Beowulf: An Intersection of Christian and Pagan Ideals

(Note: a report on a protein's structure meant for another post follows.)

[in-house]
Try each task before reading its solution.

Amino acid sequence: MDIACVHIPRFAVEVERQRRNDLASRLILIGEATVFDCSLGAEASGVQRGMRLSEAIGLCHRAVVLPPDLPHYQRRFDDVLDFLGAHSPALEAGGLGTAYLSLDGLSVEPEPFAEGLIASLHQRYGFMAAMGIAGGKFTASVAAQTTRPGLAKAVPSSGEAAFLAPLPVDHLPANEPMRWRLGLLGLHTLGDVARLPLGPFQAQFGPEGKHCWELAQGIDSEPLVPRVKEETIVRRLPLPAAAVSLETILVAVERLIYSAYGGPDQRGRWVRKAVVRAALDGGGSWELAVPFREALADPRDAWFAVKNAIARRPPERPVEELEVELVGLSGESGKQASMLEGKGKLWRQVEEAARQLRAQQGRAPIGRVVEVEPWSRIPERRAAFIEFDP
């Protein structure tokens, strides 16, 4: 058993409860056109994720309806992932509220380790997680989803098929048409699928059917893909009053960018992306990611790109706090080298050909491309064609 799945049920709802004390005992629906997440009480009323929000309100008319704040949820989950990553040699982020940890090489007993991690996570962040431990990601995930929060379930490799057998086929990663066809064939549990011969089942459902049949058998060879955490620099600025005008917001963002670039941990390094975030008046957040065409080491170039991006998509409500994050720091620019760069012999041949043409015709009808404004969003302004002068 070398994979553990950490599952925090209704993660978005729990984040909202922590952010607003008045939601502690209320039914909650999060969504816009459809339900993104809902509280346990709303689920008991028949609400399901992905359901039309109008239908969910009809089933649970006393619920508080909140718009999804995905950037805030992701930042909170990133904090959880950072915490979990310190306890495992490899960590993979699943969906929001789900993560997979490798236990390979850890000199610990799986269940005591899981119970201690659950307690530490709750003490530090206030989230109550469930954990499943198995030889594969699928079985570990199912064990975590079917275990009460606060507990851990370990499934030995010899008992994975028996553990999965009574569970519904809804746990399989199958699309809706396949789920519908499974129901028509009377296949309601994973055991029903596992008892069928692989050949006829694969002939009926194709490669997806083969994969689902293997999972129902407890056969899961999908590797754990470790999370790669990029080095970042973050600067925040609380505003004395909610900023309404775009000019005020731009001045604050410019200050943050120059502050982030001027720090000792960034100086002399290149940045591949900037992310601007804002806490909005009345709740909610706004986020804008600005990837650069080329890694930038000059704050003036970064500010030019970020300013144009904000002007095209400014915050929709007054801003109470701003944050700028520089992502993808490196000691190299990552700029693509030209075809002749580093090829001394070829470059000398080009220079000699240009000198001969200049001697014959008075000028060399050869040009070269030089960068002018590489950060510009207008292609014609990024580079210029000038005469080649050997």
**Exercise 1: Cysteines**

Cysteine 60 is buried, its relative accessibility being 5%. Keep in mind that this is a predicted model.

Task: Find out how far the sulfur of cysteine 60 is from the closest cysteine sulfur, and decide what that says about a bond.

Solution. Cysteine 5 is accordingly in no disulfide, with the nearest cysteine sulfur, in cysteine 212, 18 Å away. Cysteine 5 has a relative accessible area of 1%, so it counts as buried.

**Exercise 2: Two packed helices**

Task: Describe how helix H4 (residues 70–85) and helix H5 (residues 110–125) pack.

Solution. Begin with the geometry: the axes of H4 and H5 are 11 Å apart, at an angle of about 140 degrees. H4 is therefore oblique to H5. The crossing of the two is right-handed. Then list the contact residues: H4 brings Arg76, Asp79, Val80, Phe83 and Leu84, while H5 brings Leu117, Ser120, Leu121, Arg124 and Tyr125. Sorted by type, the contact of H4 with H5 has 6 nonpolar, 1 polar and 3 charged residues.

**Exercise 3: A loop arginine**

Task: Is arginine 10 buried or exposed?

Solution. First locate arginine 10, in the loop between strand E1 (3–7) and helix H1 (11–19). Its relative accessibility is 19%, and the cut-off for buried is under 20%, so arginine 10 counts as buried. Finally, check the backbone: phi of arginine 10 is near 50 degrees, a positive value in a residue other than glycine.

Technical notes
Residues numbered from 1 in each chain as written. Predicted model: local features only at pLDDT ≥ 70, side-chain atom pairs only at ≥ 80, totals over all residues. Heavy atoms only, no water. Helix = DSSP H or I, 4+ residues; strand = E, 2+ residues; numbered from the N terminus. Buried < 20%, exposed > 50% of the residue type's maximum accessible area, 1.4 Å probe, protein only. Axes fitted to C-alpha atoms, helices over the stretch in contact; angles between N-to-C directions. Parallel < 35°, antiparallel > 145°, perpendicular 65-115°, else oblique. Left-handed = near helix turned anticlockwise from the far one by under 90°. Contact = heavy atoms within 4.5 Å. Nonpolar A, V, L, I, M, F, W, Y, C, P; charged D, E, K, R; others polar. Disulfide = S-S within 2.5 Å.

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Beowulf: An intersection of Christian and pagan ideals The epic poem Beowulf is the story of a great, ideal hero of Anglo-Saxon, pre-Christian culture transposed into Christian times. It stands on a crossroads of literature: on one hand, it is not written in conventional, standard English and unlike Chaucer it requires a modern translation for a contemporary reader to comprehend it. On the other hand, its essential themes reoccur time and time again in English literature. Its pagan roots are manifested in the manner in which it celebrates bloody conflict as a proving-ground of heroism. However, the Christianity that was beginning to affect Anglo-Saxon worldviews is also manifest in the idealized, Christ-like portrayal of Beowulf ("Context," Spark Notes, 2012). At the beginning of the tale, the Danish King Hrothgar's kingdom is being besieged by an evil monster named Grendel. Grendel is portrayed as the embodiment of everything that is negative in the world, based on the traditional Anglo-Saxon view. Grendel is violent, ugly, and assaults the hospitality of the king. He attacks the king's most noble warriors in the mead hall of Heorot, a place of joy and rest. The King and his men can do nothing to fight against the might of Grendel, and his entire kingdom is paralyzed by fear. Only the heroism of the Geatish Beowulf can save the kingdom. Beowulf comes from a kingdom far away, and Hrothgar must send for him and beg the noble Beowulf to help. On one hand, Beowulf's

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